Republican Party

Displaying 1 - 20 of 62 articles

A mosquito. Jaime Saldarriaga/Reuters

What really threatens America: Zika, cancer or ISIS?

The unfolding information about the Zika virus and saddening images of babies infected with microcephaly should really scare us all. The disease has spread “explosively” throughout the Americas, with 32…
U.S. Senator Ted Cruz speaks at the Fox News debate in Des Moines, Iowa on January 28. Carlos Barria/Reuters

Politics of resentment on full display at GOP debate

According to an expert in political rhetoric, we shouldn't underestimate the power of the candidates who can skillfully tap into voter resentments.
Donald Trump speaks at a campaign rally in Raleigh, North Carolina on December 4 2015. Jonathan Drake/Reuters

The rhetorical brilliance of Trump the demagogue

An expert on American political rhetoric breaks down Donald Trump's rhetorical prowess, pointing to the various techniques the candidate has mastered.
Former New York Governor George Pataki: “I think part of the problem is the…way Republicans think about climate change.” Rick Wilking/Reuters

Breaking the link between a conservative worldview and climate skepticism

In the last Republican presidential debate, two candidates spoke out on climate change – a sign that the tide is turning away from linking conservative policies with denying climate change.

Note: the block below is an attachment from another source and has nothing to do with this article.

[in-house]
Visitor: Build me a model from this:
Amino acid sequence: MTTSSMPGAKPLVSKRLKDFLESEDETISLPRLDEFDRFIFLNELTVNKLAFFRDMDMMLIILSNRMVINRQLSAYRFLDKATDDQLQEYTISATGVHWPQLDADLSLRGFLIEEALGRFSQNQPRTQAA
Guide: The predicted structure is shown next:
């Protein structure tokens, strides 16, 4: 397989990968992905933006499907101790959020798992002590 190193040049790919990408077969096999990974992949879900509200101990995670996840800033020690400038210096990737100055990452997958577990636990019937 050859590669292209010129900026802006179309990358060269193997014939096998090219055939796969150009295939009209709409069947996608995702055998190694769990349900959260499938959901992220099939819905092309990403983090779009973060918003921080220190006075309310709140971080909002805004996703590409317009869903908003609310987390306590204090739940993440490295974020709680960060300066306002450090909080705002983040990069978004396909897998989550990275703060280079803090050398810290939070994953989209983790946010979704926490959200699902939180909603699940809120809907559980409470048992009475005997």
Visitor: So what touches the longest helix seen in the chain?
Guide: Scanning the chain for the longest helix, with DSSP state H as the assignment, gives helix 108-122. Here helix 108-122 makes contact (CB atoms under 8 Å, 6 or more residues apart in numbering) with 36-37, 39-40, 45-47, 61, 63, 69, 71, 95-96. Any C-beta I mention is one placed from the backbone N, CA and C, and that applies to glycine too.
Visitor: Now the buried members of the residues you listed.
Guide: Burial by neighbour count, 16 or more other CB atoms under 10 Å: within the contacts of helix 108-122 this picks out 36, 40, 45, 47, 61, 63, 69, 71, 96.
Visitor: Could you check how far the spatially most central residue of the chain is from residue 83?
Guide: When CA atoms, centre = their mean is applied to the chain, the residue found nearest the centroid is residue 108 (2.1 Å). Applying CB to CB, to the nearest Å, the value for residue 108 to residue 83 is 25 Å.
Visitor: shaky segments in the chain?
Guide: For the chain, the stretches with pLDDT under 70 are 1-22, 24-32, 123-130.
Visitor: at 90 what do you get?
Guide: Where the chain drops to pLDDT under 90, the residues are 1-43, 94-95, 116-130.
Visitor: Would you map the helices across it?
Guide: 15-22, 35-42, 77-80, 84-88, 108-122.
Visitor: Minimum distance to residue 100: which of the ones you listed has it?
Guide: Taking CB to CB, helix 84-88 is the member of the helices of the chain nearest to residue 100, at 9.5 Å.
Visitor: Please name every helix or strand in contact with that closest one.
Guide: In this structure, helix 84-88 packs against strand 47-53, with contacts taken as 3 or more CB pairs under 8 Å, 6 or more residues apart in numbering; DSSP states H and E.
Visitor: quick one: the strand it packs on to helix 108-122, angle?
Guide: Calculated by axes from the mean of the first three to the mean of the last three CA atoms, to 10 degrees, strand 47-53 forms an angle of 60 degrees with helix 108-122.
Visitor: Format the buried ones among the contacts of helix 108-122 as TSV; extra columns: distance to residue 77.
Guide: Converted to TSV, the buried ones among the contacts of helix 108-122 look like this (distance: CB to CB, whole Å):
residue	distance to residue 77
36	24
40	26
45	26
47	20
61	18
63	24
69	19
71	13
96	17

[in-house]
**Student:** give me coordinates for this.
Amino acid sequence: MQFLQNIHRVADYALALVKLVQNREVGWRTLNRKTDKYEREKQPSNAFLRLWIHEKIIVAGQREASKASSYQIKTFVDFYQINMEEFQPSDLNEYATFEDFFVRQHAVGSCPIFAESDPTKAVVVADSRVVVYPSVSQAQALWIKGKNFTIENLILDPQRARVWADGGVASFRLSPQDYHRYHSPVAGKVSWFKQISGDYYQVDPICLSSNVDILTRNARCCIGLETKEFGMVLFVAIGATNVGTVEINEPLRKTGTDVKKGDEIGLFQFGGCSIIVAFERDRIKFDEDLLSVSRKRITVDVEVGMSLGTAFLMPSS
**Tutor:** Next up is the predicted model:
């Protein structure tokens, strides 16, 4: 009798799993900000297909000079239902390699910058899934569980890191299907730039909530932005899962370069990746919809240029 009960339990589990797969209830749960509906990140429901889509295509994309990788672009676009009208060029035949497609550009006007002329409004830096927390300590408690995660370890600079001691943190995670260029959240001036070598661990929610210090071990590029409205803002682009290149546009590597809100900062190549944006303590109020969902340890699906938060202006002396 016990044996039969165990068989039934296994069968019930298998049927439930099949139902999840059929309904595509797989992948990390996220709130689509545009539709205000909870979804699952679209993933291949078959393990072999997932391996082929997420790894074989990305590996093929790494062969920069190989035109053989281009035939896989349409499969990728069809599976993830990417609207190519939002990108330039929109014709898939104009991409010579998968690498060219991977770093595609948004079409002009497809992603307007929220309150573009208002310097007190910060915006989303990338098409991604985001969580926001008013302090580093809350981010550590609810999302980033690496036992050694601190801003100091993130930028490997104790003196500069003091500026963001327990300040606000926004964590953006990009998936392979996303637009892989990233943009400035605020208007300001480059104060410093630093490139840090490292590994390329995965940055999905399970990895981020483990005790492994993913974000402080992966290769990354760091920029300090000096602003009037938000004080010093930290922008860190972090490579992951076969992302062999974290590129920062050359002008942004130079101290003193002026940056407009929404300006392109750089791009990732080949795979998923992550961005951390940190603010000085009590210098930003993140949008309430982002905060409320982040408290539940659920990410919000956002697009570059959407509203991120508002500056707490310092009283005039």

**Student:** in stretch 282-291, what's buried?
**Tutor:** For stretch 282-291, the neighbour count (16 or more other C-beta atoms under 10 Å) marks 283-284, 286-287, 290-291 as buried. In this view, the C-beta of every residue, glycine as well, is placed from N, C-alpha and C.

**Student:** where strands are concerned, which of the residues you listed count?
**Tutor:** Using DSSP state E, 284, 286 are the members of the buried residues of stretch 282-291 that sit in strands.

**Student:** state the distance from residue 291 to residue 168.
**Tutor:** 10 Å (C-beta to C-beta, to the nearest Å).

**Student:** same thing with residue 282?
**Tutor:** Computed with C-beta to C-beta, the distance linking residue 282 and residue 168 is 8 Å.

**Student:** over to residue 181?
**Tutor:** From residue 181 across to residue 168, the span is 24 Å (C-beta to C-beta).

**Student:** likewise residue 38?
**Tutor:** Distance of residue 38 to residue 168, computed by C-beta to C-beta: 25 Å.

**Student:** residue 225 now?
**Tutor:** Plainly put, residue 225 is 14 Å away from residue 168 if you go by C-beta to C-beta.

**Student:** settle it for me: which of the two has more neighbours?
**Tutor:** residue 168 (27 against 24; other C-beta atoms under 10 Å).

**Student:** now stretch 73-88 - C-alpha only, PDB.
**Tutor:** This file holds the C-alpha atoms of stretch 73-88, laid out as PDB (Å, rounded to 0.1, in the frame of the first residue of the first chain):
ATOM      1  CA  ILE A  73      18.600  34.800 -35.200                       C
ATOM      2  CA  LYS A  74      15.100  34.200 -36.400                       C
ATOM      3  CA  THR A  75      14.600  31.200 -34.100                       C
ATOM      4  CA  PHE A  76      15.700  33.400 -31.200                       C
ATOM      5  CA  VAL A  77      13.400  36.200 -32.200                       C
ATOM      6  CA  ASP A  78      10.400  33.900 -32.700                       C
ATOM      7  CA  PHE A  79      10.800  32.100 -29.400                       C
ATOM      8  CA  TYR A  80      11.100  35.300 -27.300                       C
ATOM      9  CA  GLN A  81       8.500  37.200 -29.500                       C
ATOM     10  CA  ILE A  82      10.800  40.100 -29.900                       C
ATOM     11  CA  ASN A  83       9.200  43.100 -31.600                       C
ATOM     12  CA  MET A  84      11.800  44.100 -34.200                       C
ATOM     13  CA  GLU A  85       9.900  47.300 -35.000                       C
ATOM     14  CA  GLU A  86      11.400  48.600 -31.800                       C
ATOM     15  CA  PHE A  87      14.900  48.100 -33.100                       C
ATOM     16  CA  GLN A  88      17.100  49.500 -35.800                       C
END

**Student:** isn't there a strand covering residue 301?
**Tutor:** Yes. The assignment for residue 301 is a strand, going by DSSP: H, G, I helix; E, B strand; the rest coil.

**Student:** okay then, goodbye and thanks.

Representative Paul Ryan arrives to talk to the media after being nominated for speaker of the House of Representatives on Capitol Hill in Washington October 28 2015. Yuri Gripas/Reuters

What should we make of Paul Ryan’s fondness for Ayn Rand?

Saying that Ayn Rand had some useful economic and political ideas does not, however, compel Ryan to adopt her entire philosophy lock, stock and barrel.
From outside the US, Donald Trump might seem a buffoon who cannot be seriously thought of as president. EPA/Erik S. Lesser

US politics set for change without regeneration

The generation who grew up during the Cold War and came to age through the unrest of Vietnam and the civil rights movement still dominate American politics.
Ninian Reed flickr

The political work of the Confederate flag

Public opinion on the flag may have shifted with lightning speed, but how did it hold on as long as it did? The answer has to do with how it served both Democratic and Republican parties alike.

Top contributors

More